Maintaining optimal sodium levels in your body is critical for health, and ensuring that you don’t have too much or too little will go a long way in preventing some problems. Luckily, Vivoo makes it easy for you to monitor your sodium levels in real-time, anywhere, and anytime in just 90 seconds! If needed, you can promptly make any necessary nutritional and lifestyle adjustments.

How to Evaluate Possible Results?

Note that urine sodium levels are conservative estimates of daily salt consumption. That’s because it doesn’t account for other ways your body loses sodium, such as through sweat. Still, it’s worth noting that roughly 90% of dietary sodium intake is excreted through the urine. 

  • Score:6/10, 5/10, 2/10
  • Label: Dehydration
  • Value: &lt50 mg/dL Sodium

A low level of sodium in urine occurs when the sodium level in your urine is lower than average.

Sodium deficiency typically results from low salt consumption. That’s why it’s crucial for you to pay attention to your intake of minerals, as it can prevent a sodium deficiency.

The causes of low sodium in urine are:

  • Eating a diet low in sodium
  • Low intake of salt

Mild symptoms of low sodium levels in urine include:

  • Weakness
  • Restlessness and irritability
  • Headache
  • Mental instability [9]

*Although excessive sodium intake is harmful to health, you shouldn’t severely restrict your consumption of the mineral. Too little sodium can also be detrimental to your body. You should strive to consume the recommended daily amount of sodium, as this ensures well-being in the long term [8]. 

  • Score: 10/10
  • Label: Optimal
  • Value: 100 - 400 mg/dL Sodium

Optimal urine sodium levels mean that you’re likely getting the recommended amounts of sodium through the foods and drinks you consume.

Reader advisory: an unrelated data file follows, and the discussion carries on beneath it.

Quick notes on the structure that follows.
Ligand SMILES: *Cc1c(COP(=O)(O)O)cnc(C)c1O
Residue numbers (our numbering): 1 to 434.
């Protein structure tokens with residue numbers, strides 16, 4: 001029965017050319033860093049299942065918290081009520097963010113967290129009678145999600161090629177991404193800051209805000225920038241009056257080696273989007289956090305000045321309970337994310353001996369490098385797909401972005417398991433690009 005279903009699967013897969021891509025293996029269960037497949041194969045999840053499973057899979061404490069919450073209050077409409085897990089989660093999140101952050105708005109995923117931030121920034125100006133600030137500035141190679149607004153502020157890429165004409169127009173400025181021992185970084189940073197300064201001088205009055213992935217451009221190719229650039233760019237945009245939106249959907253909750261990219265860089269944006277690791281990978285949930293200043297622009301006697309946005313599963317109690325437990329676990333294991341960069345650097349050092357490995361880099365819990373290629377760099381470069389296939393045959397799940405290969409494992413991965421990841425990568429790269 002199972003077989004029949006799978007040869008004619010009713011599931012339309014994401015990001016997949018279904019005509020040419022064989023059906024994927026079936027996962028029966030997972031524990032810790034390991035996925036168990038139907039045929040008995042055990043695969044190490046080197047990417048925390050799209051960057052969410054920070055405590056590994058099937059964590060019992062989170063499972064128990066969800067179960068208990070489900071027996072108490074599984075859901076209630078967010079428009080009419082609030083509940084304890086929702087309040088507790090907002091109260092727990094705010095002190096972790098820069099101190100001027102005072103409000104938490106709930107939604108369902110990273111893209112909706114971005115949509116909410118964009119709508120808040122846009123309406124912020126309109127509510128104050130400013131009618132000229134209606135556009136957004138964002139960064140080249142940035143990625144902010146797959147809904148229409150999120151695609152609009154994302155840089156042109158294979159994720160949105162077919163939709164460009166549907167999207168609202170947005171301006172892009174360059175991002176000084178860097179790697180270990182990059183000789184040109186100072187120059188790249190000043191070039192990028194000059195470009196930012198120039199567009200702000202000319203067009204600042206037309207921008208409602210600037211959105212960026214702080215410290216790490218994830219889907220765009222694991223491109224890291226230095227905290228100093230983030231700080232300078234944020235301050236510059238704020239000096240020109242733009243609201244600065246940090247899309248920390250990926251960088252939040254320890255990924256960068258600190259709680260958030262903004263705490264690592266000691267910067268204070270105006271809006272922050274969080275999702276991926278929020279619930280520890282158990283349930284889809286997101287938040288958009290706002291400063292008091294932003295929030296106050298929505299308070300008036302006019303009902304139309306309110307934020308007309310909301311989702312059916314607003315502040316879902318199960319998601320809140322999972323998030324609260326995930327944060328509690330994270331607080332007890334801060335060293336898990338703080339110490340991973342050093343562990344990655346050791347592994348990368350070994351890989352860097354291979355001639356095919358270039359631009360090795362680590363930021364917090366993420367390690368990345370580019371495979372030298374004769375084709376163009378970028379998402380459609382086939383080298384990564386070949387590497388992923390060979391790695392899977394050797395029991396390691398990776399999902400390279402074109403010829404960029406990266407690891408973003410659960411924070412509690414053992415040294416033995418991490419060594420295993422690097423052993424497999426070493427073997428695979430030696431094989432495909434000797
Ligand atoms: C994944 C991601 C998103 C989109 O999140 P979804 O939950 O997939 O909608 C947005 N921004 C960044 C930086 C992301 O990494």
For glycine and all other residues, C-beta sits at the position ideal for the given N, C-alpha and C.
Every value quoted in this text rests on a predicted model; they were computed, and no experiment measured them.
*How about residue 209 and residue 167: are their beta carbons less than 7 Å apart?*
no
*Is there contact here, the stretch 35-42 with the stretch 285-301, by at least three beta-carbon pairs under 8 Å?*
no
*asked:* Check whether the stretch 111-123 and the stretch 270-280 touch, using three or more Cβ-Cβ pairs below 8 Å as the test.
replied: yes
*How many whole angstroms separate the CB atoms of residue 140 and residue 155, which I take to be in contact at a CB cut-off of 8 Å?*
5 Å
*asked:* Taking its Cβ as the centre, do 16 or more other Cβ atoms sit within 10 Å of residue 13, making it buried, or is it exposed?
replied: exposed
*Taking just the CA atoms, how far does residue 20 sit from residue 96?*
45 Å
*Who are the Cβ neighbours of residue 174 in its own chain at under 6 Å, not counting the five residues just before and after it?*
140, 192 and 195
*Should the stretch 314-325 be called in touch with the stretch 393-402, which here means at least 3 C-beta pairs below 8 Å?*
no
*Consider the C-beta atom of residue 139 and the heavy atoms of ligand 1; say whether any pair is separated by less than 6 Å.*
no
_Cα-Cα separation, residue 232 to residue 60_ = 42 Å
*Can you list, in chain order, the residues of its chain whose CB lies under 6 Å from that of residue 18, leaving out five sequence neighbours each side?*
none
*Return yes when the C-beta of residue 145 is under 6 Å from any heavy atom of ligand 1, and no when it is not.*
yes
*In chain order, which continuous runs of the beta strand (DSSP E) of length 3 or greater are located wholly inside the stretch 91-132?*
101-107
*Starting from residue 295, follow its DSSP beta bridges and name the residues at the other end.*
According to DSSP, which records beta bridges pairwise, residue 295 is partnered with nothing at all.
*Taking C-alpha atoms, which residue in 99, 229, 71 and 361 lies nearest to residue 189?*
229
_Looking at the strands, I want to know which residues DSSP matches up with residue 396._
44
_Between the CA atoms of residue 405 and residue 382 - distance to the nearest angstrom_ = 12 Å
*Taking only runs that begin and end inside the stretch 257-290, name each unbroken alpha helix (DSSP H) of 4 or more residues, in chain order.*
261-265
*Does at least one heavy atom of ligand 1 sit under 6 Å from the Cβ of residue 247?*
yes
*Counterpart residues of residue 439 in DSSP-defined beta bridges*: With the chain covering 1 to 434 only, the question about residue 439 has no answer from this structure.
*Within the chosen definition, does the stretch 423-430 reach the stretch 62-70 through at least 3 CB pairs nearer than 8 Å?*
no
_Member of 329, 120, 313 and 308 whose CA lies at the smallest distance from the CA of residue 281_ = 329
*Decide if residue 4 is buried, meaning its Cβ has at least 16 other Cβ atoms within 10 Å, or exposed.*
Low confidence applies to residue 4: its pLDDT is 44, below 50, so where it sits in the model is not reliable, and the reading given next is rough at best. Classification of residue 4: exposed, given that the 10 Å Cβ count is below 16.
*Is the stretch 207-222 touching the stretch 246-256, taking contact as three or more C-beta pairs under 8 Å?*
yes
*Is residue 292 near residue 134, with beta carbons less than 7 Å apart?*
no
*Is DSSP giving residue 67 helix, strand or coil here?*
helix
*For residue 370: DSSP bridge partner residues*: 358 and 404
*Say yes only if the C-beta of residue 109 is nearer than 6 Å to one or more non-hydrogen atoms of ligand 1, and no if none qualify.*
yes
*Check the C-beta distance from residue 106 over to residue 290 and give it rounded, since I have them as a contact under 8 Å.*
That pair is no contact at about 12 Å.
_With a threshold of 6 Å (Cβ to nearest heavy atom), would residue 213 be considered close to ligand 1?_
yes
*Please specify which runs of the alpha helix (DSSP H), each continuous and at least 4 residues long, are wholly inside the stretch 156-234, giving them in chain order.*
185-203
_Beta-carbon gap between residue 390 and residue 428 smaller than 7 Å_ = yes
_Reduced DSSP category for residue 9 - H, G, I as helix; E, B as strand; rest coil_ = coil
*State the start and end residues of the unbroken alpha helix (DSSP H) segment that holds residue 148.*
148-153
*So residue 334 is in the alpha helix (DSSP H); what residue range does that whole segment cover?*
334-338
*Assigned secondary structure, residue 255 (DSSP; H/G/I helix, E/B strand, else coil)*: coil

Sodium’s functions in the body include:

  • Regulation of fluid balance
  • Transmission of nerve impulses
  • Contraction and relaxation of muscles
  • Acid-base balance
  • Score: 4/10
  • Label: High
  • Value: 500 mg/dL Sodium

A high level of sodium in urine means that you’re consuming more sodium than your body truly needs. 

When You Should Test Your Sodium Levels?

The amount of sodium in your urine can change a lot based on what you eat during the day. So, your sodium levels might look different at different times. But the important thing is to try and keep your sodium levels steady over a longer time. To do this, try testing your sodium levels at home regularly under the same conditions.

Your body reacts quickly to salt (especially since it is the largest dietary source) so you can usually tell if you're getting too much or too little salt. If you think something's off, it's a good idea to get your sodium levels checked as soon as you can.

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Written by Melda Tunçbiz, reviewed by Nutrition Specialist Esra Kozan on June 14, 2023

Table of Contents